Sebastien was minding his own business. Unfortunately, as he’d learned by his fourth life, that was exactly when everything tended to go wrong.
One moment he was baking in the sun, his tail twitching at odd moments, and the next there was a slight pop as he was sucked out of reality.
He yowled, but the cry dissipated into the ethers. Acid wind burned off his fur, and sulfurous fumes tickled his nose. Sebastien clawed at the nothingness as his flesh rippled and hardened – Lucifer’s nipples! He hated this part – and his bones turned rubbery before reforming themselves into new shapes.
And following a series of louder crackles, like a string of Chinese fireworks, he was once again breathing and blinking into the world.
He smelled incense of some jasminey-green-tea sort. His claws clicked against hard wood, and cool AC made his ears twitch. Sebastien blinked. The first thing he saw was the witch.
She had a flat face that would be pretty someday, if she ever stopped crying. Dark purple eyeliner smudged underneath large, half-moon eyes, and her fingernails, where they pressed to her lips, were painted to match. She was staring at him as though he’s appeared out of nowhere.
Which, of course, he had.
Stretching, Sebastien realized his claws had not vanished back into their sheaths, and he felt a pang. Not a dog. He hated when they summoned him as a dog. People expected doggies to play with their kids. It was always, always better to be a cat. Glancing down at his forepaws, Sebastien puffed out a trail of smoke through his teeth. Smoke? Through the haze he saw delicate black talons attached to equally black, scaly hands. With opposable thumbs.
This was good. Sebastien twisted his torso to peer down at the rest of him. He was a long snake with hind legs that matched his hands. The talons were sharp enough that tiny curls of wood had scraped off the floor beneath him. He twitched his lips and felt muscles moving the prehensile whiskers. A gray, forked tongue slid out and he ran the tips up over his wide new nostrils and carefully over fangs the size of the witch’s finger. Sebastien shivered with delight. Finally, a witch with imagination!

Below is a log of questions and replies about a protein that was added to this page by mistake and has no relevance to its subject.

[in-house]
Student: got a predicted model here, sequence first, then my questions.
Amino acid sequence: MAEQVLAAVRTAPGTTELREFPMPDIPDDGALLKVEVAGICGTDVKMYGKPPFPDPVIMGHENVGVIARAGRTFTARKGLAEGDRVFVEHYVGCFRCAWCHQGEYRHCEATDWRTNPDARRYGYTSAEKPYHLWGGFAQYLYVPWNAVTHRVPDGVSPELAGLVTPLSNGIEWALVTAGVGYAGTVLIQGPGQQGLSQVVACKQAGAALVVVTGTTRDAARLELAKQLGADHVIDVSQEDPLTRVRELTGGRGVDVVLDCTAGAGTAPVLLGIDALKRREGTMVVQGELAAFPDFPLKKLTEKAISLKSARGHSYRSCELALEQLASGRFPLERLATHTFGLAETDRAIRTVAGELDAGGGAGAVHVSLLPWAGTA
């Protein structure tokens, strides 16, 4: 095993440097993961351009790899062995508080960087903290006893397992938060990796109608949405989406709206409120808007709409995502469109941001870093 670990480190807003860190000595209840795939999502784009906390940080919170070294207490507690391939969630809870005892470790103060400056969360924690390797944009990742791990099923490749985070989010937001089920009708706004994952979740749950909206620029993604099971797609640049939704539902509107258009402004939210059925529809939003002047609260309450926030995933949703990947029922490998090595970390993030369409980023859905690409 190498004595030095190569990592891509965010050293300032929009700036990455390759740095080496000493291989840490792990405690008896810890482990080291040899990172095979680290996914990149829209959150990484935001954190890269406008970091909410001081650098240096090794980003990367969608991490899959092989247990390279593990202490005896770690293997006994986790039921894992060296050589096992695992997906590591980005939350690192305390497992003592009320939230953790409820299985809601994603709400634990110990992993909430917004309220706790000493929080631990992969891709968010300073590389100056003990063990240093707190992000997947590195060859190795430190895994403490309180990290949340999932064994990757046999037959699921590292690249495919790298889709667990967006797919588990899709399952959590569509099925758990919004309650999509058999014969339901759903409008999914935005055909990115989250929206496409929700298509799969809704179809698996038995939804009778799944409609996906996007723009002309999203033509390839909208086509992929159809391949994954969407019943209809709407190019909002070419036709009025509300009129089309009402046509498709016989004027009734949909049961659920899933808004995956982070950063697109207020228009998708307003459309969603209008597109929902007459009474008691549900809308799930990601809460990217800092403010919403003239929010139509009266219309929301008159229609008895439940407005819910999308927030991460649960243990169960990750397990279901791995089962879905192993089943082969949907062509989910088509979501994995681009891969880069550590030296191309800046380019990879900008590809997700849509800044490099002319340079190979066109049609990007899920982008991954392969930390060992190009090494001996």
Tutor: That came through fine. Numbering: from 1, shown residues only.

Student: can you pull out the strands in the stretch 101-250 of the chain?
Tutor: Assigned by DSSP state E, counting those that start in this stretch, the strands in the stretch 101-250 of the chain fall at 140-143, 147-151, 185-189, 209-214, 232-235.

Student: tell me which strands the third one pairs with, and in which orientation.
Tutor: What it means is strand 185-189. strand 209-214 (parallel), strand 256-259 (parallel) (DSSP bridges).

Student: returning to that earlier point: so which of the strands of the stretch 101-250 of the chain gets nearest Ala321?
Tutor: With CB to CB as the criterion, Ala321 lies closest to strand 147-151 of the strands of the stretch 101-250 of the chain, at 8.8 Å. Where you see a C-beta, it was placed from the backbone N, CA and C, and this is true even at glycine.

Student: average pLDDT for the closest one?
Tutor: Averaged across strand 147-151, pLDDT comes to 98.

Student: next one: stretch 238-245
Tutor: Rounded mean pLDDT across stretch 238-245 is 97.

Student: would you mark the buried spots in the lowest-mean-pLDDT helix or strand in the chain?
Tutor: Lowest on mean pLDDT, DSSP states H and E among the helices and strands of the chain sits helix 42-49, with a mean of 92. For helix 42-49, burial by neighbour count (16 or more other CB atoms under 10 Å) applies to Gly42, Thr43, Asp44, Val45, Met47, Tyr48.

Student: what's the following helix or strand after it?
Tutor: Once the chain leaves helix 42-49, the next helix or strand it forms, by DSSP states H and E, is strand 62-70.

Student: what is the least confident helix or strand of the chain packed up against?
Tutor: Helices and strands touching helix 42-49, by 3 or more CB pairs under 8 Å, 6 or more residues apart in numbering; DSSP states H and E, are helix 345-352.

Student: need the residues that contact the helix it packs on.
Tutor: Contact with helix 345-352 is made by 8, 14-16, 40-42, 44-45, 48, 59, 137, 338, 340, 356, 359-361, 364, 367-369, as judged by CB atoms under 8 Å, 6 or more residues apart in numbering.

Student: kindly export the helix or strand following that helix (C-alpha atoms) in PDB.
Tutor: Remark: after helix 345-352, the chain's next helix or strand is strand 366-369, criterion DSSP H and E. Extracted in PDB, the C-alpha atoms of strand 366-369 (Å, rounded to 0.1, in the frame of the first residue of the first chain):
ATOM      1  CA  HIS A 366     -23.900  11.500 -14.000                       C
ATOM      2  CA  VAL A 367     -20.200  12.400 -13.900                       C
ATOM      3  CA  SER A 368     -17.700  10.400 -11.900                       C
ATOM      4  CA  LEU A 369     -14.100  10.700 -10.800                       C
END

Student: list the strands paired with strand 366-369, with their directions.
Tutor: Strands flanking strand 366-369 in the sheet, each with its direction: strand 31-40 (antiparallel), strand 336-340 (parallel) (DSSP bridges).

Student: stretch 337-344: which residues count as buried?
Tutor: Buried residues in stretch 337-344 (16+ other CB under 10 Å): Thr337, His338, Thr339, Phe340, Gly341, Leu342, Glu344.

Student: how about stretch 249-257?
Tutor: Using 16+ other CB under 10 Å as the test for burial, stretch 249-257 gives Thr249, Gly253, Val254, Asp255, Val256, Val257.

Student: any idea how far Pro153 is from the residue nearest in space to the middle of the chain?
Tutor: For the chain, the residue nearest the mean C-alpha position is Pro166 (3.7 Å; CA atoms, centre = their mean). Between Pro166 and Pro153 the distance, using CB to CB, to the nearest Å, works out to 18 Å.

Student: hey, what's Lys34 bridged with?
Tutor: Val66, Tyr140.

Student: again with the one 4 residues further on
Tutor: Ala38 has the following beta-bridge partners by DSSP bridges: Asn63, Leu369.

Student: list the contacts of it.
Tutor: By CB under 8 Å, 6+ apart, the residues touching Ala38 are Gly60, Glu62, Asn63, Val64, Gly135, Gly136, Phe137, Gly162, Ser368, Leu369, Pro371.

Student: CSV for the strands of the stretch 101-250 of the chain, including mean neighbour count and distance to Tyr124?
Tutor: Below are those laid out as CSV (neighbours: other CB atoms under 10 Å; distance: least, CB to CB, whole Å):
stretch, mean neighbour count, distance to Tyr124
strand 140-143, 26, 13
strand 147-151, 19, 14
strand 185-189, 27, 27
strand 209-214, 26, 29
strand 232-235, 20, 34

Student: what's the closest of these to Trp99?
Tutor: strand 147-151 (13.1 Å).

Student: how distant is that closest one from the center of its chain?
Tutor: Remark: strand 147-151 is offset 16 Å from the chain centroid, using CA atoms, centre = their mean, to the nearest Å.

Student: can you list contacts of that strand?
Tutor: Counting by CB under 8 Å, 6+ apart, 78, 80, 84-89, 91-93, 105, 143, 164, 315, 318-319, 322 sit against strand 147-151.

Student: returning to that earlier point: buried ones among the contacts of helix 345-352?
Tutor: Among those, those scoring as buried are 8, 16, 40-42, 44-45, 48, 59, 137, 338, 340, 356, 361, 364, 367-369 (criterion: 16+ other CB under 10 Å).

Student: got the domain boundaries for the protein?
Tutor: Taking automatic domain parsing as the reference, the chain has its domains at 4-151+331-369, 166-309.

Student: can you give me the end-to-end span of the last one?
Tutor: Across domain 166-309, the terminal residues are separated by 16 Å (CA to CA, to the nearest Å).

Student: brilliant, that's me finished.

For too many years he had flitted from weak witch to ignorant witch to doddering-Christ-worshipping-boring-hag. He might miss old Meredith’s tuna casserole, or the way her granddaughter snuck him bits of pork loin while he purred in her lap – but to work with power again, to obey the call of a real sorceress… Sebastien raised himself up onto his hind legs and met his new mistress’s gaze, black eyes to black eyes.
She shrieked, scrambled to her feet. Her hand knocked over a shallow silver bowl, and the water scorched Sebastien’s scales. Steam rose, and he tasted the air. Tears. The witch’s tears had summoned him, not her blood.
Grabbing a mug, the witch raised it up like a weapon. Her pj pants hung on too-narrow hips and she had no breasts. Sebastien was appalled to realize she wasn’t more than pre-teen.
But swift behind the irritation came the knowledge that if this girl had called him so young, and so accidentally, then in a few short years, and with just the right instruction, she could be exactly what he needed – exactly what Farouche needed.
He cocked his head at her, taking in the pastel bedroom, the little-girl toys and shelf of fairy tales. His eyes came again to her, to the streaky mascara and remnants of lip-liner. Before she’d cried, she’d been trying to grow up. Perfect.
“Put that down, girl,” he said, in English that hissed like rain against hot coals.
Her hands shook, and she dropped the mug. It thunked onto the hard floor and rolled in a lopsided circle. “Are you a dragon?” she whispered, clutching the hem of her tee-shirt.
Sebastien smiled, or tried to, and more whorls of smoke slipped past his lips. “I am Sebastien, and I will teach you to be familiar with demons and devils, with all the elements of the earth and sky, the sea and fiery mountain. I will teach you to dance with magic and death, to rule the forces of flight and blood. Together we will achieve greatness, and whatever your heart desires.” It was a speech to impress witches, to feed into their dreams of him. But apparently his grandiose words meant little to the girl.
Sliding down the wall, past stenciled peonies, she leaned her shoulder against a lavender wardrobe. “I only wanted a friend.”
He clacked the tips of his teeth together. “I can do that, too.”